Tracy Beckerman column: Back in the saddle
Columns share an author’s personal perspective.
It used to be that my biggest bathroom issue was sitting down and realizing there was no toilet paper. Or that the toilet paper was hung under instead of over. It certainly wasn’t that I might end on the floor with a midlife-induced, toilet-paper-related, back injury.
It’s not like the toilet paper was halfway across the room or necessitated some kind of Simone Biles-style gymnastic move like a front handspring, Arabian flip, with a half twist tear-a-square dismount. No, the toilet paper was hung directly next to the toilet. The only issue was it was hung on the left and I am a righty, so I had to turn ever-so-barely, ever-so-slightly to grab it with my right hand.
And that’s when it happened.
I felt a pull and a twinge in my back and the next thing I knew, I couldn’t stand up to finish the job.
Now, it’s one thing to throw out your back in an impressive way, like lifting a car off a trapped child or hurling yourself into the air in Pamplona to avoid getting gored by a running bull. But when you throw your back out reaching for toilet paper, it’s not something you really want to advertise.
And yet, here I am.
I should mention that I used to have back issues when I was younger and I was lugging kids around on my hip all the time. But I haven’t had a problem in a dozen years, so this really threw me, in more ways than one. Still, I wasn’t thinking about that when I found myself locked in the sitting position in a great deal of pain. My primary thought was, “OW!” My secondary thought was, “How the heck do I get up?”
Since my husband wasn’t home, I started to wonder if I would be stuck in this position until he got back at the end of the day or if I was going to have to suck it up and called 911 so a bunch of hunky firemen could arrive, bust down my bathroom door, and carry me off the toilet.
The husband option looked like it would probably be a better choice.
Still, there was one other person in the house who could help me. Well, not a person. A canine. I thought, if Lassie could rescue Timmy from a well, couldn’t Monty rescue me from the toilet?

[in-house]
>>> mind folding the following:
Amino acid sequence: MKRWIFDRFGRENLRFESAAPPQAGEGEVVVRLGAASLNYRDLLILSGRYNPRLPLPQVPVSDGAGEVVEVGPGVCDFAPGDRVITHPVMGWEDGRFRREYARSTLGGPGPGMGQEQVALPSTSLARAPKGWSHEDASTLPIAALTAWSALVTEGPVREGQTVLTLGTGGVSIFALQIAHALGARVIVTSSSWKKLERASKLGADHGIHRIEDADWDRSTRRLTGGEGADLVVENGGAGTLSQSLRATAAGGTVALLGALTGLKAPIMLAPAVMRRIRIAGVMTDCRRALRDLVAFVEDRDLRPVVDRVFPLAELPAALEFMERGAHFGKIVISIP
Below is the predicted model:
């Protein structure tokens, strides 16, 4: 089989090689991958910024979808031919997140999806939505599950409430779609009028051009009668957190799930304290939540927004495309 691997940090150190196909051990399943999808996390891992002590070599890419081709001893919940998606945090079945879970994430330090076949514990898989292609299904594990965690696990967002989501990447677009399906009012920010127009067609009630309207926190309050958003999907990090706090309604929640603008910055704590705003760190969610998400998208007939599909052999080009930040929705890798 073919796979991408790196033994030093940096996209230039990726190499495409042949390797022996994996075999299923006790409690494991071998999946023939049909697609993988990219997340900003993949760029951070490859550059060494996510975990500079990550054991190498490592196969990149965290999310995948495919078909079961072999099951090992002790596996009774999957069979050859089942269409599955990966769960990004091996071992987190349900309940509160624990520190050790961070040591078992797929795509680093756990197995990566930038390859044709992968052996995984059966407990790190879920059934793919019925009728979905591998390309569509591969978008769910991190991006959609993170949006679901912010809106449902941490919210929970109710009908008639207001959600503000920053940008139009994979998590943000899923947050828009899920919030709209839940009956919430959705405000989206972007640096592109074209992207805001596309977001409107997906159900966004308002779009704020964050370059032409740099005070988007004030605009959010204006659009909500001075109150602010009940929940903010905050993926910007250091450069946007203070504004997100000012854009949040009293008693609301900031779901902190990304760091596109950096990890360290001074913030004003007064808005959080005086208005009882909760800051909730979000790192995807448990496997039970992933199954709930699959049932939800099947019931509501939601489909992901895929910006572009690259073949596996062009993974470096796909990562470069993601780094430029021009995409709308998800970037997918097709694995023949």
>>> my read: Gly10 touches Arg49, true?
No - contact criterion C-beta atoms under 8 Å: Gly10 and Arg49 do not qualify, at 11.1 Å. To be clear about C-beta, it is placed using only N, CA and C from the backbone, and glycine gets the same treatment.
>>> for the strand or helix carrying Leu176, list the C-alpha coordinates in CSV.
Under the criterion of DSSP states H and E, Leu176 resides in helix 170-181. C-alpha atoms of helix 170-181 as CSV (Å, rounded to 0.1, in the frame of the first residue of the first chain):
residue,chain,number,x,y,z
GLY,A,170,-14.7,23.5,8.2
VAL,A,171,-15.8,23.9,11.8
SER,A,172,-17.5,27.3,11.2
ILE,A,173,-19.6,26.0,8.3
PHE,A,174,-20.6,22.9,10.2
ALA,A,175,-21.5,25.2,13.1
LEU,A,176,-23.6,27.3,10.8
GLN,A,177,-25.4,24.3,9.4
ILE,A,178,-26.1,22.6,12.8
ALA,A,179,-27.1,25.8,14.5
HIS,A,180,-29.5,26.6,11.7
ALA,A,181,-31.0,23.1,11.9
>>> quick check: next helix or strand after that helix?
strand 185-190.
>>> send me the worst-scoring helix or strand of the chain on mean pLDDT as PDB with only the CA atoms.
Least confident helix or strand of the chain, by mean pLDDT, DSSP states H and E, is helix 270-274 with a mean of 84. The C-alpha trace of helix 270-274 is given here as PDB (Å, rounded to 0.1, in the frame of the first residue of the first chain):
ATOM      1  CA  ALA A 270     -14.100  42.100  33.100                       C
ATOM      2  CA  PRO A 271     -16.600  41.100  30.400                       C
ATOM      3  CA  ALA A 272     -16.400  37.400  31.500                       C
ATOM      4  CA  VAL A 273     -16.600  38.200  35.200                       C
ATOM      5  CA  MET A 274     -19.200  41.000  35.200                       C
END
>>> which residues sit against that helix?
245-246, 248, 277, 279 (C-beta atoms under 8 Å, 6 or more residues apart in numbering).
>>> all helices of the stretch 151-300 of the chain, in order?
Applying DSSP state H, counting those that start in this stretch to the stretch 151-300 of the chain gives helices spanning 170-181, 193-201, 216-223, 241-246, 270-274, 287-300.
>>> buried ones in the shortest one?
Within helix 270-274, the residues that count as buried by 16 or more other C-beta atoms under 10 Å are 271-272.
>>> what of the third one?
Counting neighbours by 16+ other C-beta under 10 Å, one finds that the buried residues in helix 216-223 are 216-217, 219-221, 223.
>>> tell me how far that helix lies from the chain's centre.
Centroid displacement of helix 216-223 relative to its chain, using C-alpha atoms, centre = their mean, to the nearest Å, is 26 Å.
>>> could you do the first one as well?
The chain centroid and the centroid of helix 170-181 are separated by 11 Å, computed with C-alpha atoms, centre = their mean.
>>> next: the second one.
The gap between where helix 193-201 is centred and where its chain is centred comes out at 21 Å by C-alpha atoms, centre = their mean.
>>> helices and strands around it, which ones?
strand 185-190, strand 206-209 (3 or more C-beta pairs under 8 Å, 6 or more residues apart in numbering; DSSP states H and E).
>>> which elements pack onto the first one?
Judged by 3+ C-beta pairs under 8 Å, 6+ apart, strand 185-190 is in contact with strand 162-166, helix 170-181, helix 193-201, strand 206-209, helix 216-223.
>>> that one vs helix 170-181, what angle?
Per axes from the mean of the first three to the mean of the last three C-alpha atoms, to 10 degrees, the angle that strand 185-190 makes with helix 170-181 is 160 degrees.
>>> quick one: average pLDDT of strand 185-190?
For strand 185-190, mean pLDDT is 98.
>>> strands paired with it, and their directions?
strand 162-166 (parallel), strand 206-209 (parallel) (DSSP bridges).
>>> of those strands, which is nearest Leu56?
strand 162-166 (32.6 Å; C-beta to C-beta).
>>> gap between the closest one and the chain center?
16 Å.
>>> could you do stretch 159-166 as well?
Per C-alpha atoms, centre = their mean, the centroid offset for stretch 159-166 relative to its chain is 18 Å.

I whistled for the dog and he dutifully came trotting into the bathroom, thinking, perhaps, there might somehow be a treat in it for him. I wasn’t sure how to enlist his help, since his vocabulary of commands consisted of “sit,” “come,” and “stay,” and did not include, “help mommy get off the toilet.” As he sat there waiting patiently, I silently cursed myself for not having the foresight to include this command in his training.
Then it hit me, maybe I could make it a game. The one thing he really liked to play was tug of war. And this dog had such a firm bite, he usually won. So, I grabbed a nearby hand towel and gave one end to the dog and held the other end in my hands. I pulled on it ever so slightly and the dog pulled back. I pulled harder and then he pulled in his direction backing up to get better traction. As he backed up and I held on, he pulled me into a standing position.
“Monty!” I yelled. “You did it! You saved me! You’re such a good boy.” I grabbed onto the shower ledge for support and continued to praise the dog.
He wagged his tag furiously and walked toward me. Then he walked around me to the toilet paper, and just to show me up, he grabbed a square.
And then he ate it.
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